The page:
Belonging Again (Part 34)
“The Conflict of Society” Part II
As “Conflicts of Mind” get worse and more widespread the closer we approach “The Technological Singularity” (as Cadell Last teaches on and Ray Kurzweil explores), so “Conflicts of Society” get worse the more we approach “A Single Nation State” (“Globalized State”). Diversity is complexity as complexity entails diversity, and approaching both causes more “conflicts.” Today, we are suffering both increased “Conflicts of Mind” and “Conflicts of Society” — we are double burdened. Epistemic responsibility is conflicting with epistemic possibility while social responsibility conflicts with social possibility (no wonder we are stressed). For decades, religions have worried about nihilism and relativism, but really the loss of religion has caused a radical explosion of pathologies. Religion through “givens” seemingly protected us from “Conflicts of Mind” and “Conflicts of Society,” and now that protection is gone. At the same time, if we manage to turn the “negative space of this “Meaning Crisis” into a sublation, then perhaps religion kept us from ontological evolution. Time will tell (Hegel’s history is contingent).
It is socially responsible for us to want justice to just “be” (A/A), but it is impossible for there to be a society (that isn’t authoritarian) that makes justice just “be” without a process, and if there is a process there is “becoming” (A/B), which a desire for “be-ing” will resist. Also, even if society could just happen to guess “the best justice” to “be” (by decree), that justice would likely not feel legitimate to us, for it lacked a process to make it feel legitimate and reliable. Thus, we would likely oppose it: we could have the best of all possible justices, but not have the eyes to see it. We require process for justice to be legitimate and for justice to be determined: the only way to totally avoid “Conflicts of Society” is through authoritarianism, and that’s only if we’re the authoritarians with the power. And this is no victory but to fail “The Meaning Crisis.”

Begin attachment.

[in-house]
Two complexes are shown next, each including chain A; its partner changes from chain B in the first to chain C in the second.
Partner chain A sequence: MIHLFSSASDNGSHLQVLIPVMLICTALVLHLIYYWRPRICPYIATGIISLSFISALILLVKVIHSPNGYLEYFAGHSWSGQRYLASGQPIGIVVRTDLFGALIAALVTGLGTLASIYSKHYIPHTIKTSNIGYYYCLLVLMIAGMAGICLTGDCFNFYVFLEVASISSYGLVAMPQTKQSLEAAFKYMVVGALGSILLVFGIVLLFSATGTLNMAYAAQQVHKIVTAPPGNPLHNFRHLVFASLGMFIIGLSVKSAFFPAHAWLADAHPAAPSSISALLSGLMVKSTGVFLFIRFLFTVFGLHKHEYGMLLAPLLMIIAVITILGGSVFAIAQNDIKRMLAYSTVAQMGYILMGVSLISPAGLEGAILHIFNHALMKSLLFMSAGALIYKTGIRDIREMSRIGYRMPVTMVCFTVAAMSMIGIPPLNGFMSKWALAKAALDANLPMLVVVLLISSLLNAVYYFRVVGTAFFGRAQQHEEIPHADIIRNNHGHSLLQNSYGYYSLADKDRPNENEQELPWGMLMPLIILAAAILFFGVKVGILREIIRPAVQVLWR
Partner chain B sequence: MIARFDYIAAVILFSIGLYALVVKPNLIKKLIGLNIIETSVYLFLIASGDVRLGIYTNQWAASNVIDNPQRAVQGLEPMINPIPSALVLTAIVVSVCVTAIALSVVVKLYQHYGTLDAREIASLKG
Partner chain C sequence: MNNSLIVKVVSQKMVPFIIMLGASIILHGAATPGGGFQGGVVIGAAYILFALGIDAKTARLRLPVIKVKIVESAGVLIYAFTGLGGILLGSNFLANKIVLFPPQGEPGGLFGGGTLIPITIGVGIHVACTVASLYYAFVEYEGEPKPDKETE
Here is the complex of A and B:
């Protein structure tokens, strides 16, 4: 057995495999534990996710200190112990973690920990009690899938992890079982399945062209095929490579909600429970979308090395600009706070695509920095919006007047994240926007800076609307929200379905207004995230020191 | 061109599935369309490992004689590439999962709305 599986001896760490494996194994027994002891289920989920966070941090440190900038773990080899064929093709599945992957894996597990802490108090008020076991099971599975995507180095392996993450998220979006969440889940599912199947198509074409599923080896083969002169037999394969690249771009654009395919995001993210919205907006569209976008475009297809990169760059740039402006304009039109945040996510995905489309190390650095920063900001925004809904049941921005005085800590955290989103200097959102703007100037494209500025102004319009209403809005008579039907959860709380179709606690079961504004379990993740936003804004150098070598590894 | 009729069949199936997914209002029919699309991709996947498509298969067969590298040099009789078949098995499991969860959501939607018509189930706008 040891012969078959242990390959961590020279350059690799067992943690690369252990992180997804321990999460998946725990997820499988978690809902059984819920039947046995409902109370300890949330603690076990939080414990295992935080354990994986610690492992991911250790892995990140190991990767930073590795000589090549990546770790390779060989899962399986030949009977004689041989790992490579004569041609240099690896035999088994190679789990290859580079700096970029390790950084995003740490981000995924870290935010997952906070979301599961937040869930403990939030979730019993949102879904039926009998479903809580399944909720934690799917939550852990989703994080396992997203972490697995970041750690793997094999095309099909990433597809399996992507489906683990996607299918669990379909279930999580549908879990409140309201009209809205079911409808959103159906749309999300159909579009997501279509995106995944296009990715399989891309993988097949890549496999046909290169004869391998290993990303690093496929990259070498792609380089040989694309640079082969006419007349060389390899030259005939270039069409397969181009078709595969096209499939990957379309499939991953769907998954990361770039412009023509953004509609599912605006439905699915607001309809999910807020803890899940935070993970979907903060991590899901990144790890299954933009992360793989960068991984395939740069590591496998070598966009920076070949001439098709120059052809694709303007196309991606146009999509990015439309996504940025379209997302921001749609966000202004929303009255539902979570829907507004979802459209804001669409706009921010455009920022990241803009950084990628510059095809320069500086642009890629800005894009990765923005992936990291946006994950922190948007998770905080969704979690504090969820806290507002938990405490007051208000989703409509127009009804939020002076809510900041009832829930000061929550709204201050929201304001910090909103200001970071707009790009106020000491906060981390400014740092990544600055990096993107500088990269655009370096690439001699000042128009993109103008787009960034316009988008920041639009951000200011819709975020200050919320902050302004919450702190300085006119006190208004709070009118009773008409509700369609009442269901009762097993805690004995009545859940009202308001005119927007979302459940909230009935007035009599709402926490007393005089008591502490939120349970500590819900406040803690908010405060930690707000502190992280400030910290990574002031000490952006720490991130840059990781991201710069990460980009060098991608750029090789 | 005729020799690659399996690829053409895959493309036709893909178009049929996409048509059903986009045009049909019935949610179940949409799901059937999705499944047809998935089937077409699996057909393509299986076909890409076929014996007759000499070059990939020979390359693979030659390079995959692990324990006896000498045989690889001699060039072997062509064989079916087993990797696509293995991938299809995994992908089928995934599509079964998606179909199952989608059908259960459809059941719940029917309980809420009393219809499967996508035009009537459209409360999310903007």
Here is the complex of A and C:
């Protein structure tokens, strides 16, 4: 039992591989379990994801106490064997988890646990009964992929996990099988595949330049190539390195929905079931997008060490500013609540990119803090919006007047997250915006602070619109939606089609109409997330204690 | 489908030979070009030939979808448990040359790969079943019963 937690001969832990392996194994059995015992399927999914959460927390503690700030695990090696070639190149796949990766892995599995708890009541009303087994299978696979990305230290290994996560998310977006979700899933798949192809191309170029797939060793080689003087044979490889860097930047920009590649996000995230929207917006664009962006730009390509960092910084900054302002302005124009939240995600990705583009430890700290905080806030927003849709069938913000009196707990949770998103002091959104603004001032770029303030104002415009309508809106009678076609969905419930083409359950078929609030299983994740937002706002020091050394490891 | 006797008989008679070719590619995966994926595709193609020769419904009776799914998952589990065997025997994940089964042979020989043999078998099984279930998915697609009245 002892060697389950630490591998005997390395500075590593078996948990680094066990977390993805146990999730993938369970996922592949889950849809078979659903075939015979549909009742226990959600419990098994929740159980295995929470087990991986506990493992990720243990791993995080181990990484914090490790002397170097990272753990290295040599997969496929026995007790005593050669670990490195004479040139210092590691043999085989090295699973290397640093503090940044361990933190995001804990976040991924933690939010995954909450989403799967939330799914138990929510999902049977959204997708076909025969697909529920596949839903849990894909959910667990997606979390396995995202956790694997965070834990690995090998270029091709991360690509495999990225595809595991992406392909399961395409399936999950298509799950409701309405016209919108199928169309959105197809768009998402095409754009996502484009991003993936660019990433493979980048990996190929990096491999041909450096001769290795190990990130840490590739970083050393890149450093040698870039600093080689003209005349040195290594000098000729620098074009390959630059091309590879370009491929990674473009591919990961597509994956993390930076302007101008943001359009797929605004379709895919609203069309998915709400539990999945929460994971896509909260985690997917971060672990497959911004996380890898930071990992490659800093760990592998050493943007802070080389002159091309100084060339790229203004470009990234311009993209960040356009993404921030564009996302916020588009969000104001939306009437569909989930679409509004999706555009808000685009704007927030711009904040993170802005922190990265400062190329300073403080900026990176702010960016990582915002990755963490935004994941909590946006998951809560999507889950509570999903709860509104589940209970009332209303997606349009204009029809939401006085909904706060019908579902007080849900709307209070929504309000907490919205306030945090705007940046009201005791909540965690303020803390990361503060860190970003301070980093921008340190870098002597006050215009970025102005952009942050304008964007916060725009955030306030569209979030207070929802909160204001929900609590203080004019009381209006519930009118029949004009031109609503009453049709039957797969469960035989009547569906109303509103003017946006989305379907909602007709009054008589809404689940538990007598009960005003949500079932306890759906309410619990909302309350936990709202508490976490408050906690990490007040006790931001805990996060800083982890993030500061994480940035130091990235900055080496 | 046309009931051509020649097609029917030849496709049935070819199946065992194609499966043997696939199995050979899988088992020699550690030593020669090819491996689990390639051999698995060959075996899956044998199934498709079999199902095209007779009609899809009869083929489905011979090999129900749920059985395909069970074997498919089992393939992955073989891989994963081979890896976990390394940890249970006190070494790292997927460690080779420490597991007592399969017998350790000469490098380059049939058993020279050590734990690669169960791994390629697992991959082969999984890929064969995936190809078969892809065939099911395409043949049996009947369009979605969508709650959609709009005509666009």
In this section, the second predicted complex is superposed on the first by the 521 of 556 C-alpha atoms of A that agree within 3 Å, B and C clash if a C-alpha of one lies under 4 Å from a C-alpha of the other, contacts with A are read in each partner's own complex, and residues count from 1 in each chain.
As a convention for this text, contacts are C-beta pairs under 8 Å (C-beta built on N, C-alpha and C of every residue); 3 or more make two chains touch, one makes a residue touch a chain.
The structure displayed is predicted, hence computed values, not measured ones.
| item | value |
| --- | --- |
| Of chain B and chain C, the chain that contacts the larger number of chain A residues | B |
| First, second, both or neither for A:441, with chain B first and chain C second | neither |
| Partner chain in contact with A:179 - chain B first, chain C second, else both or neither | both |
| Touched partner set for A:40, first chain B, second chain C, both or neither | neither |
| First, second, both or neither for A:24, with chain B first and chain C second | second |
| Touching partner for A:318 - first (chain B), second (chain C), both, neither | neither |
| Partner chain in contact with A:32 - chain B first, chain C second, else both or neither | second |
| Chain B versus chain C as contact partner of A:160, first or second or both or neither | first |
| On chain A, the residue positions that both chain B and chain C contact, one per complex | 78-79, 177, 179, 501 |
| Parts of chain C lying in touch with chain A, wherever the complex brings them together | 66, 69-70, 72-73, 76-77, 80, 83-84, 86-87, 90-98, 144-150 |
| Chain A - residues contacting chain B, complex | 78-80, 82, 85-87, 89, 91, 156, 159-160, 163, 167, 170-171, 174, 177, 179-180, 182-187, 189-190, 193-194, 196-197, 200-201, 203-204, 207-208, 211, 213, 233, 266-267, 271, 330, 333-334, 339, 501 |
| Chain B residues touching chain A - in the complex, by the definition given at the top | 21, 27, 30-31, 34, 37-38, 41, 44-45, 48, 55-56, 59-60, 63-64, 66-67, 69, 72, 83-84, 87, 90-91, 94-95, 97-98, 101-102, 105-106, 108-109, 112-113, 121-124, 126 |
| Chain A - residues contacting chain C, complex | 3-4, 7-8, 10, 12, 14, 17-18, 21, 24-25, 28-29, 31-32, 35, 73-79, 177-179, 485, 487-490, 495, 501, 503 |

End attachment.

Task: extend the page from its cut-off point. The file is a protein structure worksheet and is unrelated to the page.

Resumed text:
Justice phenomenologically and logically demands to just be (A/A), not to be “processed,” as likewise demands “freedom,” Jesus, equality, and what have you. All values have a scent of Eden in them, something Freudian — a desire for “pure being” (“A/A”). Values are inherently Edenic and Wholesome, we could say, but as we’ve discussed throughout O.G. Rose, “pure being” is always an effacement. Well, this means that all values are naturally effacing, for all values want to “just be” (A/A). And all social orders must manage this desire in values to “efface themselves” (for “good reason”), and this is why we must deal with “The Conflict of Society.” How do we stop values from effacing themselves? Well, by forcing them to engage in processes they will naturally hate and want to destroy, which means society must set itself up to be attacked, to take the bullet with which values are trying to shoot themselves. And this is us.
What do we mean when we say that values “seek pure being?” Well, we mean that values seek to be “infinite” (“not bound by ‘becoming’-finitude”), which is to say values seek to be “noncontingent.” To desire to “be” (A/A) is to desire “noncontingency,” and since finitude inherently entails contingency (change, time, situations, etc.), to desire “noncontingency” is to desire “infinity” (“a state that isn’t A/B”). Why is this? Well, if there are circumstance in which values don’t apply, they lose their authority and unveil themselves as “perhaps” simply being personal tastes. If values don’t always apply, how are “values” any different from “preferences?” This would get us into Moral Philosophy, which though important, we do not need to explore here: the point is that values seek A/A to maintain their legitimacy and authority, which basically means they seek to be “given” and “thoughtless.”
Wait, haven’t values always been finite? What’s the difference now? Yes, humanity has always known it wasn’t infinite, but when we collectively believed in God, we could believe we were finite while we participated in infinity, while now we are finite while believing finitude is all there is from which to derive authority. To the degree a finite value system could make claims it “participated in” infinity, it could grant itself legitimacy and authority, but now finite values can only gain authority from claiming “they are the best finite values.” But of course, everyone “practically believes” their finite values are the best values, and according to which metrics could we judge which values are best? Is it not easy for each of us to choose metrics which just happen to legitimize our values?
Finite values, to give themselves authority, naturally try to present themselves as infinite and “noncontingent,” which is to say “equally applying to everyone in all circumstances.” This means finite values attempt to expand themselves, and this leads to a multiplication of values both where people try to spread their values to others, and a multiplication in “the number of value systems” there are, as people search for different ways to “get at” infinity and noncontingency. But as it is the case that no matter how many times we multiply finite numbers we never reach infinity, so we can never reach infinity with finitude. Infinity either exists or doesn’t exist, and if finite values must be infinite to be “noncontingent” and authoritative, then it is already too late for them. And this can make them pathological.